Treatment

If vitamin C deficiency is suspected based on a history of poor nutrition or physical examination, oral vitamin C should be started immediately. Symptoms of scurvy have improved with varying doses of ascorbic acid, and one review found as little as 6.5 mg daily improved symptoms.8 However, expert opinion recommends oral supplementation of 300 mg daily in divided doses of ascorbic acid for at least one month or until body stores are replenished, indicated by serum levels.9 Patients’ subjective complaints can improve within 24 hours of starting treatment.8 As with our patient, objective findings, such as ecchymosis resorption, can begin to improve within only 48 hours of treatment. After serum levels are replenished, patients should ensure they are meeting the estimated daily requirement of vitamin C. In US recommendations, the estimated average requirement for women is 60 mg/d for nonsmokers and 95 mg/d for smokers (75 mg/d and 110 mg/d, respectively, in male populations).3 The recommended dietary allowance for vitamin C in Canada is 75 mg/d in women and 90 mg/d in men; the daily allowance varies with age and sex, and in pregnancy or breastfeeding.12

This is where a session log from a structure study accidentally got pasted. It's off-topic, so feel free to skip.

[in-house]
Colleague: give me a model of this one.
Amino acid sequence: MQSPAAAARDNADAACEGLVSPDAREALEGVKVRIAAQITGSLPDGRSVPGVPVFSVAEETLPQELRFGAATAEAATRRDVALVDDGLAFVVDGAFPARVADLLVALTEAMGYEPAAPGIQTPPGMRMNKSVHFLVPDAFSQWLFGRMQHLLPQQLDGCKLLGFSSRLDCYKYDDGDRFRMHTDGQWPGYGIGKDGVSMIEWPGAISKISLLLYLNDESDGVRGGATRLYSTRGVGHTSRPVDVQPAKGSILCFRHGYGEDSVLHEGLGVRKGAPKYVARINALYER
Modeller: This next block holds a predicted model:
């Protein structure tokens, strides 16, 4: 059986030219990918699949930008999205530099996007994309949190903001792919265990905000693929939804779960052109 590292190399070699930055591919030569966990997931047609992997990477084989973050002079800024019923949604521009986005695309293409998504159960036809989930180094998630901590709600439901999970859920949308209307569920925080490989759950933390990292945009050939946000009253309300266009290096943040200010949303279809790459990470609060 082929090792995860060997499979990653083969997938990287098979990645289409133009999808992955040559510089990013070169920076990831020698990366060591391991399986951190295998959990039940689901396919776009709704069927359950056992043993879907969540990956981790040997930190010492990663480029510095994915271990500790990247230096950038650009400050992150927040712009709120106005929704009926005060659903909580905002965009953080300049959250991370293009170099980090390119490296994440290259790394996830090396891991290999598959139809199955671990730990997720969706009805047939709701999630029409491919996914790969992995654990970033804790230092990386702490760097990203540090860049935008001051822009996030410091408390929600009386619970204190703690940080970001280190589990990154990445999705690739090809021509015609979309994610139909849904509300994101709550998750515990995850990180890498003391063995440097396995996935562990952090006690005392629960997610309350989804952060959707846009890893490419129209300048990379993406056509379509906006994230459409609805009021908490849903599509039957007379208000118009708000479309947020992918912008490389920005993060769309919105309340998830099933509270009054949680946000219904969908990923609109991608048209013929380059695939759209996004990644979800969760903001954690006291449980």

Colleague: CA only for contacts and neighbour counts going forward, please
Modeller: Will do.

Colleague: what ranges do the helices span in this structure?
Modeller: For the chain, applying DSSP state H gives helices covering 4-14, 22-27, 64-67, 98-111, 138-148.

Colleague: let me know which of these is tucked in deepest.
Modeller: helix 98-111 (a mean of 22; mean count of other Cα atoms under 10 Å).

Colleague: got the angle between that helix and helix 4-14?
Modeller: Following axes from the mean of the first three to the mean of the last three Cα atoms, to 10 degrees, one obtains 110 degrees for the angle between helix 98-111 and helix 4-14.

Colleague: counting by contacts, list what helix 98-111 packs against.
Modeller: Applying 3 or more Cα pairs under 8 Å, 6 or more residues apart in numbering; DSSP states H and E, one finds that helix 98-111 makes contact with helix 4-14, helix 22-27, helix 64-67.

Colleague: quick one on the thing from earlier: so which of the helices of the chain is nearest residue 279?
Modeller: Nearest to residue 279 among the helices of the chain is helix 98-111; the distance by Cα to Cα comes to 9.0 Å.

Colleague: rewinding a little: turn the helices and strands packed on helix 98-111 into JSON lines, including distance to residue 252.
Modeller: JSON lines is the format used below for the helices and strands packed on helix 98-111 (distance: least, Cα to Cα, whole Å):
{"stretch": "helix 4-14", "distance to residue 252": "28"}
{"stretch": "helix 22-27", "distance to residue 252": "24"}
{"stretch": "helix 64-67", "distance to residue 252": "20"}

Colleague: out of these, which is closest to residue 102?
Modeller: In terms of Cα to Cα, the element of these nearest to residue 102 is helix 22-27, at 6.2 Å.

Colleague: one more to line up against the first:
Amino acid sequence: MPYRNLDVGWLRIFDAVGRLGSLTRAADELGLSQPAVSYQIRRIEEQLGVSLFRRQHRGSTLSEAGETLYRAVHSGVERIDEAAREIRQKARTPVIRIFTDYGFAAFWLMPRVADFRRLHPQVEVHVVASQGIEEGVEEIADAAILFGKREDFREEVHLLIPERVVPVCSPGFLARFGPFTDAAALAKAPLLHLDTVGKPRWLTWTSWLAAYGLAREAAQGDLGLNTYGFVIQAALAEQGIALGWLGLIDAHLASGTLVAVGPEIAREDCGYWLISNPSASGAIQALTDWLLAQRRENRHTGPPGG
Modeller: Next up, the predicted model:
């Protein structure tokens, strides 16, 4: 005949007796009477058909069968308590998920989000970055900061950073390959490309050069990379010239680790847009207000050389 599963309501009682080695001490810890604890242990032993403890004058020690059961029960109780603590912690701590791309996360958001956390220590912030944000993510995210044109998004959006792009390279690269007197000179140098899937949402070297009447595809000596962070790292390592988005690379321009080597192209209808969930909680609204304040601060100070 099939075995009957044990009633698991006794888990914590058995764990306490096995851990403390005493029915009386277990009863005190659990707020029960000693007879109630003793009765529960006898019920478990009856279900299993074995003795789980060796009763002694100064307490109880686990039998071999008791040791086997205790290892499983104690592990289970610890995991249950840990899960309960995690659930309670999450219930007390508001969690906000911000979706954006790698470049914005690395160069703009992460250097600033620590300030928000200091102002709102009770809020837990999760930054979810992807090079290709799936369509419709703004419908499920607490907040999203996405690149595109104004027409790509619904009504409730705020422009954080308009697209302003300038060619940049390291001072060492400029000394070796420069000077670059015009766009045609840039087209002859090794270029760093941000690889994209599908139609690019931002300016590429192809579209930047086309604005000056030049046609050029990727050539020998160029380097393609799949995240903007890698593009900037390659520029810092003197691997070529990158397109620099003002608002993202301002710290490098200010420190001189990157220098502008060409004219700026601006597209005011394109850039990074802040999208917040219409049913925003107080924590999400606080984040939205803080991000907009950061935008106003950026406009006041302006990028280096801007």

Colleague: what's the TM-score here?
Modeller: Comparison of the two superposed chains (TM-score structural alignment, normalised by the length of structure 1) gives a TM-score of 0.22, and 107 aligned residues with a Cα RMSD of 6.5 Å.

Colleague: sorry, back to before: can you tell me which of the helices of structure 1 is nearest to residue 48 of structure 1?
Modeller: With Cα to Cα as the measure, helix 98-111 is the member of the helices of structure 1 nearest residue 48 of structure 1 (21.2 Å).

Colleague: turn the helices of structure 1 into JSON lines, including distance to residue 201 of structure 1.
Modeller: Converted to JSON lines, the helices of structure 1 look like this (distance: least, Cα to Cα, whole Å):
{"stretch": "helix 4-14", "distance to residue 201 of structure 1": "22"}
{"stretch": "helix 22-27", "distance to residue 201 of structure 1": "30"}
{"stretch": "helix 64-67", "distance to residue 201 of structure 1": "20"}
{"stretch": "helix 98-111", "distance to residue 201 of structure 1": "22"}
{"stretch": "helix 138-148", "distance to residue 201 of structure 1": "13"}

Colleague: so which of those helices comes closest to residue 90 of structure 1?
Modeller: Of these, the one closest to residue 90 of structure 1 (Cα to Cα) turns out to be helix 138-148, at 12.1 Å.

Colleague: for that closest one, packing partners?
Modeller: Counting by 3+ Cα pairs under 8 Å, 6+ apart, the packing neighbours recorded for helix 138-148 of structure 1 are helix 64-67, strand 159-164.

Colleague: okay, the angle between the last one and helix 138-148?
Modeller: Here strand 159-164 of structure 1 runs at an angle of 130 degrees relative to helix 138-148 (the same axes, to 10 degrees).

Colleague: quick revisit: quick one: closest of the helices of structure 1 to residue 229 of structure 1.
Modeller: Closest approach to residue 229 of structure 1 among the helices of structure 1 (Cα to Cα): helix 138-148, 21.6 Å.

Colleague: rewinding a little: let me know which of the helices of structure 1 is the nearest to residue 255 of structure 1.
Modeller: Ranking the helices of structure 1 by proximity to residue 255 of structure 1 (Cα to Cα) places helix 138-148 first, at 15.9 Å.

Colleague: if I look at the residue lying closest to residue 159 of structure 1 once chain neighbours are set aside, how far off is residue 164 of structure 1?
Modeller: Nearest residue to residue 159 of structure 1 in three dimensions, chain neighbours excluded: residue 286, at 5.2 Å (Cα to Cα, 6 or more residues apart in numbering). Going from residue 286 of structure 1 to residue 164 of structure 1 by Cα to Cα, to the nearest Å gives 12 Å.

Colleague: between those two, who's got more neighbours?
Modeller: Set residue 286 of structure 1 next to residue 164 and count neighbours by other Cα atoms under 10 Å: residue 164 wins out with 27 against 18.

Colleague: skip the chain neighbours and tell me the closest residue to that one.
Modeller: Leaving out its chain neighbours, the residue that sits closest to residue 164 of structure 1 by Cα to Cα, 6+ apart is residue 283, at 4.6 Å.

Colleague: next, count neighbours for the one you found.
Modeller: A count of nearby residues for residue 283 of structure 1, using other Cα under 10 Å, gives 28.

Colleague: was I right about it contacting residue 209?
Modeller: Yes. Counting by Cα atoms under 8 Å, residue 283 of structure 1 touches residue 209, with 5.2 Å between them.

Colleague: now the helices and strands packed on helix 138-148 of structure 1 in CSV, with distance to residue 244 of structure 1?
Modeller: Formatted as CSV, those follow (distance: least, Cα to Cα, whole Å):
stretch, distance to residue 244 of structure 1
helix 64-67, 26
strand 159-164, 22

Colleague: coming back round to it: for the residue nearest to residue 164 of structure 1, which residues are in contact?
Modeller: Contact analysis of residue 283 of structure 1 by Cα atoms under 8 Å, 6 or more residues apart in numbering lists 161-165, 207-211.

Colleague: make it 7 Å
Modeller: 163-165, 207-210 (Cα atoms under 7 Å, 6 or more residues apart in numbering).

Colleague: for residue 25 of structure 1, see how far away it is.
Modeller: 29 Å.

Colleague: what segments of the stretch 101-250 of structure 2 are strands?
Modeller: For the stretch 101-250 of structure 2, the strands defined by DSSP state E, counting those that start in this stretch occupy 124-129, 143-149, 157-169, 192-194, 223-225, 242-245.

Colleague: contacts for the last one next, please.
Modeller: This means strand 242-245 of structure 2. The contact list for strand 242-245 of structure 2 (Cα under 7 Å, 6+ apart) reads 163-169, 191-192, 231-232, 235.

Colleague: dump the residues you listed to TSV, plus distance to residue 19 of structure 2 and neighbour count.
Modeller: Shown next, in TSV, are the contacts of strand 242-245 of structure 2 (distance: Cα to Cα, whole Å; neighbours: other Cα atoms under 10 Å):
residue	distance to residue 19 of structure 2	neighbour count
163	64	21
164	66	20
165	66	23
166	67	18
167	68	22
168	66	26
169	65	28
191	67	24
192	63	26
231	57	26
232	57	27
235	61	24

Key points

  • Scurvy exists in the developed world and remains a clinical diagnosis, based on a thorough dietary history and characteristic physical findings.
  • Patients may present with nonspecific complaints such as fatigue, loss of appetite and pain in the joints or muscles.
  • Scurvy can result in catastrophic illness, and empiric oral treatment with vitamin C should be started when scurvy is suspected.
  • Treatment with vitamin C leads to prompt resolution of symptoms within days.

The section Cases presents brief case reports that convey clear, practical lessons. Preference is given to common presentations of important rare conditions, and important unusual presentations of common problems. Articles start with a case presentation (500 words maximum), and a discussion of the underlying condition follows (1000 words maximum). Generally, up to five references are permitted and visual elements (e.g., tables of the differential diagnosis, clinical features or diagnostic approach) are encouraged. Written consent from patients for publication of their story is a necessity and should accompany submissions. See information for authors at www.cmaj.ca.

Supplementary Material

Online Appendices:

Notes

See related practice article by Dubé at www.cmaj.ca/lookup/doi/10.1503/cmaj.080505.

Footnotes

Competing interests: None declared.

This article has been peer reviewed.